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BOOK KATHRYN SOLLMANN

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Kathryn Sollmann

Kathryn SollmannSpecialties: Women's career advancement, work-life issues, financial security
Home base:
Wilton, Connecticut
Website:
kathrynsollmann.com
Twitter:
@kathrynsollmann

Kathryn A. Sollmann, author of Ambition Redefined: Why the Corner Office Doesn’t Work for Every Woman & What to Do Instead, is a trusted and pragmatic career coach who has created and led hundreds of programs that help women sustain and advance careers as they blend work and life. In all her presentations, Kathryn emphasizes the importance of women staying in the workforce through every age and life stage to achieve long-term financial security. Through her blog and coaching firm, 9 Lives for Women, she helps current professional women find the work flexibility they need to avoid costly breaks, and she shows women at home caring for children and/or aging parents how to return to lucrative flexwork.

Ambition Redefined book jacketHer “Make Work Fit Life” event drew an audience of 200 women and sponsorship from AXA Advisors, Cigna, Ernst & Young, Fidelity, Merrill Lynch, Raymond James and Wells Fargo. She has led compelling discussions for women’s professional and community organizations, internal corporate women’s groups, college alumni and career services programs and financial advisors focused on retirement security for women. Kathryn has also been featured in multiple media outlets, including The New York TImes, Financial TImes, Money, Your Life Rocks, NPR, The Today Show, Entrepreneur, Cheddar, Working Mother, Forbes Women, Yahoo! Finance and CEOWORLD Magazine.

A mother of two daughters, Kathryn has worked non-stop since the age of 16 in many flexible ways. As her family needs ebbed and flowed, she negotiated flexible full-time and part-time schedules with demanding employers, launched a variety of entrepreneurial ventures solo and with partners, established independent marketing communications and career coaching practices, worked in a home office as a telecommuter and generated a wide range of freelance projects—while managing a household, carpooling, attending school plays, tending to sudden health issues of aging parents and in-laws, taking dogs to the vet and making yet another dinner.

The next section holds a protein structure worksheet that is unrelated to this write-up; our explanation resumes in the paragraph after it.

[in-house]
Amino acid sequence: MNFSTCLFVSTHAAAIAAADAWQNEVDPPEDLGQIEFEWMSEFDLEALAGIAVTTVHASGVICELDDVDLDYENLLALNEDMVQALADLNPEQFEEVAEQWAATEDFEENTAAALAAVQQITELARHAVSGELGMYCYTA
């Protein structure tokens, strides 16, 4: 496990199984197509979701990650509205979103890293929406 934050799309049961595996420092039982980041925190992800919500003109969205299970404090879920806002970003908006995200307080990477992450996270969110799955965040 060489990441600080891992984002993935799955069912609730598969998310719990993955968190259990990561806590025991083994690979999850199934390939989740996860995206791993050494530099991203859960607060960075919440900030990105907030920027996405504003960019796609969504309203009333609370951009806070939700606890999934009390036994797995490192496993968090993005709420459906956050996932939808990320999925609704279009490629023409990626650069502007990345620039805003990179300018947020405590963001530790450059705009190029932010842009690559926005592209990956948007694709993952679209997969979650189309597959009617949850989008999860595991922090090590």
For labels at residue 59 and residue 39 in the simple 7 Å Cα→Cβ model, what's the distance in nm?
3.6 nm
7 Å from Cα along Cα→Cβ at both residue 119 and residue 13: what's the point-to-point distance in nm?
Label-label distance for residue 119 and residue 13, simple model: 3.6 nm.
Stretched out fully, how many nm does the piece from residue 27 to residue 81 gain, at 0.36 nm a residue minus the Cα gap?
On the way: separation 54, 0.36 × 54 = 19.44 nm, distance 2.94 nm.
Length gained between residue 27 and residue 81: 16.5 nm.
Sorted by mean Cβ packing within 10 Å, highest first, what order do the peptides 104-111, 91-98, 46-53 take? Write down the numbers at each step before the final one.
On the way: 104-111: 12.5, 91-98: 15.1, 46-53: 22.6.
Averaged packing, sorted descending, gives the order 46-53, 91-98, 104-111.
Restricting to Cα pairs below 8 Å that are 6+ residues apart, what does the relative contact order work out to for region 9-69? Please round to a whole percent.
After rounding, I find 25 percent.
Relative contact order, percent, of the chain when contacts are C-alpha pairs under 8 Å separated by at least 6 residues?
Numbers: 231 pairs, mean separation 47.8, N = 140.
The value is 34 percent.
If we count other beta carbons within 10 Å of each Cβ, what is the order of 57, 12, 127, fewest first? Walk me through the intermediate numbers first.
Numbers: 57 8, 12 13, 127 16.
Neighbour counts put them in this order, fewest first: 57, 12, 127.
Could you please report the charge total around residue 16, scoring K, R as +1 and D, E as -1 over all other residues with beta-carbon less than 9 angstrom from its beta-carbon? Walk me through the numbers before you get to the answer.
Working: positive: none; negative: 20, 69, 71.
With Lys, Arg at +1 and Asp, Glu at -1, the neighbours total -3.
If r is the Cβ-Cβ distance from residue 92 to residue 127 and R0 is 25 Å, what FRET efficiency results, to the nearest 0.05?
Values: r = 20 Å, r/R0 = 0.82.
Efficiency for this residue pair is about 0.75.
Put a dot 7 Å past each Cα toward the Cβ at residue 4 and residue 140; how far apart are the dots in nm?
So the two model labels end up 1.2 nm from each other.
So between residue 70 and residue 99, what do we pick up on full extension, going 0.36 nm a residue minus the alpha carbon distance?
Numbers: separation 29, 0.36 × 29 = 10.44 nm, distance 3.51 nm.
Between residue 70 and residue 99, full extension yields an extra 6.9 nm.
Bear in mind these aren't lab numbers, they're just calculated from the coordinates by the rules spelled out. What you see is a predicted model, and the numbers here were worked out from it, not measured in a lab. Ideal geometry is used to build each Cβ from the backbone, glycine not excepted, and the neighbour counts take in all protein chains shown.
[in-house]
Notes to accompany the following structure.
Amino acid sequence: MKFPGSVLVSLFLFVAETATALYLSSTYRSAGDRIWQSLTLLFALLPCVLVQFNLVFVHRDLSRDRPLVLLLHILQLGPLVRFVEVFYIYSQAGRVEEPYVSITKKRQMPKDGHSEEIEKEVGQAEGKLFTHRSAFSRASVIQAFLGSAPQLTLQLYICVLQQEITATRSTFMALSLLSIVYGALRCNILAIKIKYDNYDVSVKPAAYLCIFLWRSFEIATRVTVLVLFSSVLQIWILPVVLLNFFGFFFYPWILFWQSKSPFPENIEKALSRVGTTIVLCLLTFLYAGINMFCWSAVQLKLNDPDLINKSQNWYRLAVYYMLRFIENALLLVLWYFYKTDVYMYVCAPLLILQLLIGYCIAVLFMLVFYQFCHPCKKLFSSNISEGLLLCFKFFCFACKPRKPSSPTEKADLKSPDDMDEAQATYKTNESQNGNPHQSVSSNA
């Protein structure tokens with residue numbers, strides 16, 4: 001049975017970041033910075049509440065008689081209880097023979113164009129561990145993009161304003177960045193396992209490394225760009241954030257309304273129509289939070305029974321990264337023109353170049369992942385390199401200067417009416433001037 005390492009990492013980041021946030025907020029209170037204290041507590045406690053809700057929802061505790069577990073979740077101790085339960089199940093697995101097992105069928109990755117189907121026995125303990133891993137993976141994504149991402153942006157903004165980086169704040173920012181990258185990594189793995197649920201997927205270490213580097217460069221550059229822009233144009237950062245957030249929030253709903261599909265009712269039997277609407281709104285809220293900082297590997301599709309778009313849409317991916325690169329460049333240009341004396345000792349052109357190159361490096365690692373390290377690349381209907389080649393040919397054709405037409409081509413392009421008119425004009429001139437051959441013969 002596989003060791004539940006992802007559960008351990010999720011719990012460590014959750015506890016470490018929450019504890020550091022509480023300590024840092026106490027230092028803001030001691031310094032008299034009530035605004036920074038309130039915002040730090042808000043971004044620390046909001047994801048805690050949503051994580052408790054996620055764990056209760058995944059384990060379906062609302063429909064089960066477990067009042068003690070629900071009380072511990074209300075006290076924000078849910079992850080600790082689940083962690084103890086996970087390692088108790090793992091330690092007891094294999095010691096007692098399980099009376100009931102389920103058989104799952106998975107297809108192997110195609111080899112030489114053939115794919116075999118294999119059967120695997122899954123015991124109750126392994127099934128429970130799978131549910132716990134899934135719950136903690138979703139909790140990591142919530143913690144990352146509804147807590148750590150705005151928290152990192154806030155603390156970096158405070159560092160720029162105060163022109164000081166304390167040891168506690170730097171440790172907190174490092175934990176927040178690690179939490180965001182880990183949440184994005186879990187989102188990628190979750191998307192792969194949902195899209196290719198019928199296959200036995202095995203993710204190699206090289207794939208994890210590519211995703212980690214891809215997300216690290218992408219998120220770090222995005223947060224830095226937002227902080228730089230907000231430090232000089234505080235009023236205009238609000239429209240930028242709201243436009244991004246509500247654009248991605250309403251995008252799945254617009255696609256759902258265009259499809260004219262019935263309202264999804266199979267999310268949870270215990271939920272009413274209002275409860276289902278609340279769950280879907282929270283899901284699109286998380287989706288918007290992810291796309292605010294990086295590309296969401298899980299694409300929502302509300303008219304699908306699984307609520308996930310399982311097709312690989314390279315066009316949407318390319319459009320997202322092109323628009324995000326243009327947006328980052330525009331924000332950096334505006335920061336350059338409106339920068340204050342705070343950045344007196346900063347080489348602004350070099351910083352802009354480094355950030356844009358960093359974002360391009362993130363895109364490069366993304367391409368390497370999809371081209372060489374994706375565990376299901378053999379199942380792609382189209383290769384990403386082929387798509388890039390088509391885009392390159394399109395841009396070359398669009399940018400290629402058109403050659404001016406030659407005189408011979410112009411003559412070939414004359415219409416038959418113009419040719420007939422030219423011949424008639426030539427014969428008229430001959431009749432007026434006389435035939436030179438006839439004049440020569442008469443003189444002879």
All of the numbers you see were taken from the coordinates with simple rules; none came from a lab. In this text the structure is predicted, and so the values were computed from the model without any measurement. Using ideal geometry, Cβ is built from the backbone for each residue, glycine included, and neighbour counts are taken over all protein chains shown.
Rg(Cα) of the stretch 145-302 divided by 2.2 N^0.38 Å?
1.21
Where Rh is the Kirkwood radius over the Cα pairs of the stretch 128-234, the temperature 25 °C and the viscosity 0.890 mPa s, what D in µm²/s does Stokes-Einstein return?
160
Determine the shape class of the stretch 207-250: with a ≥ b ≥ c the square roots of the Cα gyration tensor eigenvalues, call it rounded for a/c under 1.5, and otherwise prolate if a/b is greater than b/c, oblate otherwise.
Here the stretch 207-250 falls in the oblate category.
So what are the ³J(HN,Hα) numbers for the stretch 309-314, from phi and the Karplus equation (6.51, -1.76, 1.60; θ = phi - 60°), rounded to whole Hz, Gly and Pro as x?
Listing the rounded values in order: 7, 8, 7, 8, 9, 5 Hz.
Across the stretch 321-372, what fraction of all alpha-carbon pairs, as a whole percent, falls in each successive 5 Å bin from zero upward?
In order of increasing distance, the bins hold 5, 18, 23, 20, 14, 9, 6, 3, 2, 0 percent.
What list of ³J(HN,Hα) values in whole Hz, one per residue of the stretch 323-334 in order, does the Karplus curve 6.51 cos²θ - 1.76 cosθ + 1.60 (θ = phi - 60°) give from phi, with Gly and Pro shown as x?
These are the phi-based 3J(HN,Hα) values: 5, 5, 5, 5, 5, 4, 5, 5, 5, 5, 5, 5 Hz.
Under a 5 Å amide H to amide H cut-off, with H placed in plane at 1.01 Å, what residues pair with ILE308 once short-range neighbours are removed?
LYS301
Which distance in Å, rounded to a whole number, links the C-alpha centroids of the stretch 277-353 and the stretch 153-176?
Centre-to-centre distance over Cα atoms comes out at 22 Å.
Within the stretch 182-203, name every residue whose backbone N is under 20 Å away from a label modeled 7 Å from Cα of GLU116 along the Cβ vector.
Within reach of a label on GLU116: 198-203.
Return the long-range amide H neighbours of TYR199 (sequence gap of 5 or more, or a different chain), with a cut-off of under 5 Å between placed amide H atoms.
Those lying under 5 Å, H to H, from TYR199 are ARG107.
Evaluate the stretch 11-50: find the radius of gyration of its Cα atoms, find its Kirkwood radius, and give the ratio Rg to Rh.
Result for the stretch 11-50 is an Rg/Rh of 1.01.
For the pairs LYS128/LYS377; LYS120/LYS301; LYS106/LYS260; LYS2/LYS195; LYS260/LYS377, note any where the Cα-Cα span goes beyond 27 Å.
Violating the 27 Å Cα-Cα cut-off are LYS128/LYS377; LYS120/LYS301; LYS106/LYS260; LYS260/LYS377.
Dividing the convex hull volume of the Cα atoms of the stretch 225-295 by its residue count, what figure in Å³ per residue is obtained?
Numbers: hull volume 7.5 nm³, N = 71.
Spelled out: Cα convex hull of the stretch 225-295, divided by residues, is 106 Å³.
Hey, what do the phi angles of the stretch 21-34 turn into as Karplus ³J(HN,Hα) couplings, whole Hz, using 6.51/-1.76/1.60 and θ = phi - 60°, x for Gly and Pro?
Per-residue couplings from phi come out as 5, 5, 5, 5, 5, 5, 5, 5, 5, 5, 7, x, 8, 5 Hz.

Suggested Topics

  • Avoid the Off Ramp: Drive Safely and Make Work Life Fit
    With responsibilities for children and aging parents, most women take at least one costly career break—forfeiting up to four times their salaries each year out, losing professional traction and jeopardizing long-term financial security. Women learn the financial impact of career breaks and how a better work+life blend emerges with a pragmatic focus on life priorities.

  • Up Is Not the Only Way Forward
    Today women feel pressure to advance the sisterhood and “lean in” to the top. But up is not the only way forward—and when women are in heavy caregiving mode, it’s okay to lean “in-between.” Women are empowered to develop their own brands of ambition and success, be a leader at any job level and find ways to “grow in place” when they don’t have the personal bandwidth for top jobs.

  • How to Pitch Work Flexibilty to Your Boss. . . and Get It!
    To get a flexible work arrangement in your current job, it has to be a professional pitch—not just a simple ask. When it’s done right, flexibility is granted 80% of the time. Women learn what to highlight in a winning flexwork proposal, safeguards to make sure it works for both employer and employee, and how to anticipate and shut down all potential objections.

  • 10 Easy Steps to a Flexible Job
    Too many women still believe there’s only one way to work—in the traditional, more than full-time, inflexible corporate job. But the fact is that there are six kinds of flexwork becoming more and more widespread among all industries and job functions. Current and returning professional women get tips and strategies to find the flexwork that fits and funds their lives.

Video Samples

   

What People Say About Kathryn Sollmann

“Kathryn Sollmann’s keynote address was engaging and insightful. She simply and elegantly made clear that by helping one another and by being vocal about challenges, by respecting the different definitions of ambition and by sharing strategies for blending work and family, everyone can succeed and achieve what is ultimately most critical—long-term financial security.”
—Chair, Corporate Women's Networking Group, Pharmaceutical Industry

“Kathryn is at the forefront of women’s work+life issues. A dynamic speaker, she empowers women as they transition through many work and life stages.”
—Kathy McShane, Office of Women’s Business Ownership U.S. Small Business Administration